Marketers are using inaudible tones to track user activity across multiple devices. To make it worse, as of now, there’s nothing you can do about it, and you can’t opt out.
Frightening and Invasive
SilverPush, a San Francisco-based company, sells technology to advertisers that uses ultrasonic tones to track user activity across smartphones, smart TVs, desktop computers and more. The data gathered on each device can be tied together to give a very complete picture of a user’s activities; a goldmine for marketers.
Ars Technica reports that the Center for Democracy and Technology has filed comments with the FCC regarding the practice. The comments, filed on October 16 of this year, call for “increased transparency and a meaningful opt-out system.”
As of now, there’s no way for users to opt out of being tracked by this technology. In fact, there’s no way for users to know whether or not it’s being used. SilverPush doesn’t reveal their clients and the sound is undetectable, so there’s no way for a user to figure out whether or not their data is being harvested by marketers bent on creating a very accurate picture of that user’s shopping and buying activities.
Plenty of Data to Grab
As the letter points out, it’s not uncommon for the average person in an urban environment to use five different devices during the day. The data gathered from those devices can be assembled into a whole picture of the individual, possibly creating situations where very private information can be gleaned from the aggregation of the data.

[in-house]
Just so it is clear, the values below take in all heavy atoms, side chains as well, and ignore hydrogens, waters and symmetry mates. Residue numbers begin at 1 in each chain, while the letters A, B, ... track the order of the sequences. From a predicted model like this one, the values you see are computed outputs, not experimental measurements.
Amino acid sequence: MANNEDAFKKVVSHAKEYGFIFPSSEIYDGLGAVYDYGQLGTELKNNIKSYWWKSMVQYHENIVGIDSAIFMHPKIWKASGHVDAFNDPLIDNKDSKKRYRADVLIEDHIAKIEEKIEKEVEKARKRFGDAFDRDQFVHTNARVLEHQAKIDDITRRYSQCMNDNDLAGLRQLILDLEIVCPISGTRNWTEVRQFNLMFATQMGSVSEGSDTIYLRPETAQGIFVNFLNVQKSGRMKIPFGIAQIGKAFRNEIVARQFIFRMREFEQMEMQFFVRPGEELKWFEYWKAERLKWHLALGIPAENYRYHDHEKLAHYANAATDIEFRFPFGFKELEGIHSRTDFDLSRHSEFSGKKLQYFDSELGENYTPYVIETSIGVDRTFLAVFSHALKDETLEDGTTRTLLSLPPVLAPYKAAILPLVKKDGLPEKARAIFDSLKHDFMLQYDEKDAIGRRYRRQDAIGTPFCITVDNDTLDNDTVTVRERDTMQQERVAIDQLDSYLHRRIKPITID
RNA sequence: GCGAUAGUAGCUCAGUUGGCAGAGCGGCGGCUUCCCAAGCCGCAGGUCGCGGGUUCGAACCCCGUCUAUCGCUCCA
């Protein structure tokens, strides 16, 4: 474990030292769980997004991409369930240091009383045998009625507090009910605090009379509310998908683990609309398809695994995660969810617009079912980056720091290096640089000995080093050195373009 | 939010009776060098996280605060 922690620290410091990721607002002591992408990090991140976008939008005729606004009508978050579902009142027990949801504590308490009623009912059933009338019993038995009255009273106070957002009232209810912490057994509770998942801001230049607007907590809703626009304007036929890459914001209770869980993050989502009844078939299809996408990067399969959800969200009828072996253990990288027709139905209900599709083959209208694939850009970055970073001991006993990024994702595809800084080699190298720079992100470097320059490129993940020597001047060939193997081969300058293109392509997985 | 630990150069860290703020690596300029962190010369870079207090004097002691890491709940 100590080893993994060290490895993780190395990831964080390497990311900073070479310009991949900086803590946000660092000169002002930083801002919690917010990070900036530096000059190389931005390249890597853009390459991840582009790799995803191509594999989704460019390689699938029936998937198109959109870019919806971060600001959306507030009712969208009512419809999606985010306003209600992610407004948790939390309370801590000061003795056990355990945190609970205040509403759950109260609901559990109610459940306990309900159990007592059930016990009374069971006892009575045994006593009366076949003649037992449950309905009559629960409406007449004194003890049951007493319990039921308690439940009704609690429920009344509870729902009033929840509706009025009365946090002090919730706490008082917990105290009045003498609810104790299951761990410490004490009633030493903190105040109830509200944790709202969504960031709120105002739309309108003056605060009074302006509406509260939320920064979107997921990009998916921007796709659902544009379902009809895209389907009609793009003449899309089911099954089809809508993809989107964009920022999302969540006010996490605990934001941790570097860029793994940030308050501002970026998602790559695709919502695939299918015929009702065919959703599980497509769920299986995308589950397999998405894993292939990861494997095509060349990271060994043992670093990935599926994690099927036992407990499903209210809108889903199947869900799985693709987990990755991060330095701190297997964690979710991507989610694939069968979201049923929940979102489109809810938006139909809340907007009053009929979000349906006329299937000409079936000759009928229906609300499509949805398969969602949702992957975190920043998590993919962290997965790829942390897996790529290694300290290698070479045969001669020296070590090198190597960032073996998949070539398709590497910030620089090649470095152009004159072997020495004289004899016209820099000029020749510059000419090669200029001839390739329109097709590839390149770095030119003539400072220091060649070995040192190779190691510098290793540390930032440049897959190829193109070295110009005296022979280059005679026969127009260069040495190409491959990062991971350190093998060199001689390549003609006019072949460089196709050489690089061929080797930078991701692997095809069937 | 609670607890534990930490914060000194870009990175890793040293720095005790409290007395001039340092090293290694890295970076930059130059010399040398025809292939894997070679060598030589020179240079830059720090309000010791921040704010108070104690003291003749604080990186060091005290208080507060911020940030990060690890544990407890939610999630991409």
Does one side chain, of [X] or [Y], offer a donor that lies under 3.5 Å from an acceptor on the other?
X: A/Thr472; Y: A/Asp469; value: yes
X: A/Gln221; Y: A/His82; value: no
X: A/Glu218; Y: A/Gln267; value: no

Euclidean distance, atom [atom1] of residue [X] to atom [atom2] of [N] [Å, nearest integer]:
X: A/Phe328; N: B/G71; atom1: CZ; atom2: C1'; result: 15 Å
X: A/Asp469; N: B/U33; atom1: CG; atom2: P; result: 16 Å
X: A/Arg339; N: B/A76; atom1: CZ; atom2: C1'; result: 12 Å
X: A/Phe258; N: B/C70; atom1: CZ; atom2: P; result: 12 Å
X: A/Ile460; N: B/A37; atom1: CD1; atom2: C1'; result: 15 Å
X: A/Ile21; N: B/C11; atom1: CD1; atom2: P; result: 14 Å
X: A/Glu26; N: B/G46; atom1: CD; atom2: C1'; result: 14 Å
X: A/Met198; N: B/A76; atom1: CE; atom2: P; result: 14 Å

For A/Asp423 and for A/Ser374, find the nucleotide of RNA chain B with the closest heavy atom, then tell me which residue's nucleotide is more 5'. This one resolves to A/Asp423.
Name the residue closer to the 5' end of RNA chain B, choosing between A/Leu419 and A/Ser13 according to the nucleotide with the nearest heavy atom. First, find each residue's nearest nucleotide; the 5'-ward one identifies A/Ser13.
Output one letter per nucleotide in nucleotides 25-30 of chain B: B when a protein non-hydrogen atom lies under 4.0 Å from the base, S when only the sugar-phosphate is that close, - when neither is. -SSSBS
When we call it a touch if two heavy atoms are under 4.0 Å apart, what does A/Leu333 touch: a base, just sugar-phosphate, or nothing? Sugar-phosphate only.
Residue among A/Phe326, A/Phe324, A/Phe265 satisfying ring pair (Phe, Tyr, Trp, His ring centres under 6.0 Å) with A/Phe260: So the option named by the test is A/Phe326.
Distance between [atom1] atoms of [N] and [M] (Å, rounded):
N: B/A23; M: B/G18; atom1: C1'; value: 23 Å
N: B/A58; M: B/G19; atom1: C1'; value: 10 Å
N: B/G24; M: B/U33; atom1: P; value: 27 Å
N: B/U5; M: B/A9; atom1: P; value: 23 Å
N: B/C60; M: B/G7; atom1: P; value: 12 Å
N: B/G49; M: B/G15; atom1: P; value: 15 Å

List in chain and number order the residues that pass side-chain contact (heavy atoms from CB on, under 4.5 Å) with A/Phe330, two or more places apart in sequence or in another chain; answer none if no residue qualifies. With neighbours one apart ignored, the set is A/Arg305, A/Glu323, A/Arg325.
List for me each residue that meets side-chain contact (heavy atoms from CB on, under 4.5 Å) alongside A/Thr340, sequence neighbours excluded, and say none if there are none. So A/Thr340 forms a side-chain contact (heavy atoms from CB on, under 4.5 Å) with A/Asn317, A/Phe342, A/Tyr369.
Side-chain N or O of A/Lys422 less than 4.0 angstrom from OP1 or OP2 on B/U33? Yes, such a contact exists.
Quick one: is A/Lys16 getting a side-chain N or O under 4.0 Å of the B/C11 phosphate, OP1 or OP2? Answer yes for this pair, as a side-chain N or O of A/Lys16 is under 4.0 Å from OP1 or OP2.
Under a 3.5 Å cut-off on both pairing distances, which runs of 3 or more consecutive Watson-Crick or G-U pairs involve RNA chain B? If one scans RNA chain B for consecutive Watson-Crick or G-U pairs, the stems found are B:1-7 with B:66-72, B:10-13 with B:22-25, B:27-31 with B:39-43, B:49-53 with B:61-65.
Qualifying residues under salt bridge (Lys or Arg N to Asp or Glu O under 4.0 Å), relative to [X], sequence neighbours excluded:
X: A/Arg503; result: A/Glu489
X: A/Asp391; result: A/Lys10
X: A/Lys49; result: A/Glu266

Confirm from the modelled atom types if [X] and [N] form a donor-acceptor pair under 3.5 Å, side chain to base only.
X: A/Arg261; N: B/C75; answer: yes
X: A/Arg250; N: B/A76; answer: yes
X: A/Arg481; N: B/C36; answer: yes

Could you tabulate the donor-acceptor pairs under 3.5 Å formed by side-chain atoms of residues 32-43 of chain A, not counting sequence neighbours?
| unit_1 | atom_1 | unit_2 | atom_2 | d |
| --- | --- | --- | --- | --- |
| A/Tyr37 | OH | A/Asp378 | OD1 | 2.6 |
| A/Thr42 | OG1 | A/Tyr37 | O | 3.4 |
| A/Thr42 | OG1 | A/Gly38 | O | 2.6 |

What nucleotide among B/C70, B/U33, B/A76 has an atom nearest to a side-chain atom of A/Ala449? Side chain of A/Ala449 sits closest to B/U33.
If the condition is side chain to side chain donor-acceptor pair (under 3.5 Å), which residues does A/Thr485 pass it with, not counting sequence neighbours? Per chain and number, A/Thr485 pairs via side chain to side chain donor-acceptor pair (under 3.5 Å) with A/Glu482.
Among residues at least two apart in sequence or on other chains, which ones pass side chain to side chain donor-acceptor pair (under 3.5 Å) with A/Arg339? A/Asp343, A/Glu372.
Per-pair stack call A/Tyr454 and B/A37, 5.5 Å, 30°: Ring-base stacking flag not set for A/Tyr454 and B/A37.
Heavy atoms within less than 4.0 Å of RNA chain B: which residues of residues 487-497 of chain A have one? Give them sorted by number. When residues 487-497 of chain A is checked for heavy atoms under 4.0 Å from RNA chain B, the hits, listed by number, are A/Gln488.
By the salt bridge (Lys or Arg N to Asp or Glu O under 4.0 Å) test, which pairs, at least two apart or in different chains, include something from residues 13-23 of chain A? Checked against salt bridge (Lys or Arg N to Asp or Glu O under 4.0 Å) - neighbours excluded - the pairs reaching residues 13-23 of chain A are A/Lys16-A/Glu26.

The comment uses a user searching for information on sexually transmitted diseases on their computer, looking up directions to Planned Parenthood on their phone and visiting their pharmacy before returning to their apartment as an example of activity that could be tracked by these sound-based data gathering techniques. That data, of course, would create a rather invasive narrative of what the user had going on in their life, all without the user ever giving their consent to be tracked in that way and with the user having absolutely no way to opt-out of that tracking, if they were even able to tell that it was a threat at all.
In a 2014 Tech Crunch article, SilverPush’s CEO, Hitesh Chawla said that there was a risk of “negative public perception” of the tracking but that the only data that SilverPush receives is the identification code that links the various devices together.
It doesn’t take a particularity astute observer to recognize the PR-speak Chawla is using here; simply replacing “user” with “identification code” in that statement, given that they are, for all intents and purposes, one and the same.
According to the Center for Democracy and Technology letter, there are upwards of a dozen companies using this technology to track users. Negative public perception shouldn’t be an issue for these companies, given that the users they’re tracking have no idea that they’re being tracked at all, and given that there’s no way for those users to opt out of that tracking if they ever find out.